New Algorithm Tracks Pediatric Sepsis Epidemiology Using Clinical Data

Researchers at Children’s Hospital of Philadelphia (CHOP) have developed a novel computational algorithm to track the epidemiology of pediatric sepsis, allowing for the collection of more accurate data about outcomes and incidence of the condition over time, which is essential to the improvement of care.

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Vitamin C-B1-Steroid Combo Linked to Lower Septic Shock Mortality in Kids

Treating septic shock in children with a combination of intravenous vitamin C, vitamin B1 and hydrocortisone (a commonly used steroid) is associated with lower mortality, according to a study from Ann & Robert H. Lurie Children’s Hospital of Chicago. This is the first pediatric study of the safe and relatively inexpensive treatment for septic shock, and the preliminary data supports the promising outcomes seen in adults. Findings were published in the American Journal of Respiratory and Critical Care Medicine.

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For Patients with Sepsis, an Infectious Disease Expert May Reduce the Risk of Death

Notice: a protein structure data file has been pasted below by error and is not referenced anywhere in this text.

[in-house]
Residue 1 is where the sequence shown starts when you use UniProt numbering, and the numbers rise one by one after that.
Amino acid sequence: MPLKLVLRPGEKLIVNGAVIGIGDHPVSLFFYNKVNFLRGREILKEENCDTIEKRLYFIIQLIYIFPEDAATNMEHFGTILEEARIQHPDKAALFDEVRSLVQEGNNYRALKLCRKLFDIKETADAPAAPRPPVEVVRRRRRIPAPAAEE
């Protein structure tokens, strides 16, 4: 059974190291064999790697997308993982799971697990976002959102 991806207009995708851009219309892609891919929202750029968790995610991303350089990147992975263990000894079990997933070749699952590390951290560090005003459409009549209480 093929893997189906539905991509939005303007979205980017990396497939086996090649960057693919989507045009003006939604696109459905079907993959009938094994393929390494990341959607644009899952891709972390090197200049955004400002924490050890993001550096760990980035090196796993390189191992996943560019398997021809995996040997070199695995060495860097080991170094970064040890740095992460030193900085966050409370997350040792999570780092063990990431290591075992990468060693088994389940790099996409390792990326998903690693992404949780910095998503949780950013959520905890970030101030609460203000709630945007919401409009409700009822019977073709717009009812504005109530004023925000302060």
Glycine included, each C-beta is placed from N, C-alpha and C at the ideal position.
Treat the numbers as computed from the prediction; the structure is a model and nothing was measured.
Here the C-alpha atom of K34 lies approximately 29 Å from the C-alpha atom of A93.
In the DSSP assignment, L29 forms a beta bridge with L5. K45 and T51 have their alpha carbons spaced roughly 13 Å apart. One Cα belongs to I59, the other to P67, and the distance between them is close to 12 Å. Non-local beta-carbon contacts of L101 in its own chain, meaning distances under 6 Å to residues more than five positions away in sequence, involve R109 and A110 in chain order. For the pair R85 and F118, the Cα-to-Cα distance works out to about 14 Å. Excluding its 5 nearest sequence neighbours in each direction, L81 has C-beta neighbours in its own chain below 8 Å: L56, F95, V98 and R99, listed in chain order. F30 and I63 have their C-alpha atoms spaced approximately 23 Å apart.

When people with severe sepsis, an extreme overreaction by the body to a serious infection, come to the emergency room (ER), they require timely, expert care to prevent organ failure and even death. When that care includes the early involvement of an infectious disease (ID) specialist, patient mortality can be reduced by as much as 40 percent, according to a new retrospective, single-center study published in Open Forum Infectious Diseases.

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Antibody Improves Survival from Sepsis-Related Fungal Infections in Mice

An antibody that blocks the “programmed cell death” pathway may help the immune system fight off sepsis-related fungal infections, according to animal studies reported in SHOCK®: Injury, Inflammation, and Sepsis: Laboratory and Clinical Approaches, Official Journal of the Shock Society. The journal is published in the Lippincott portfolio by Wolters Kluwer.

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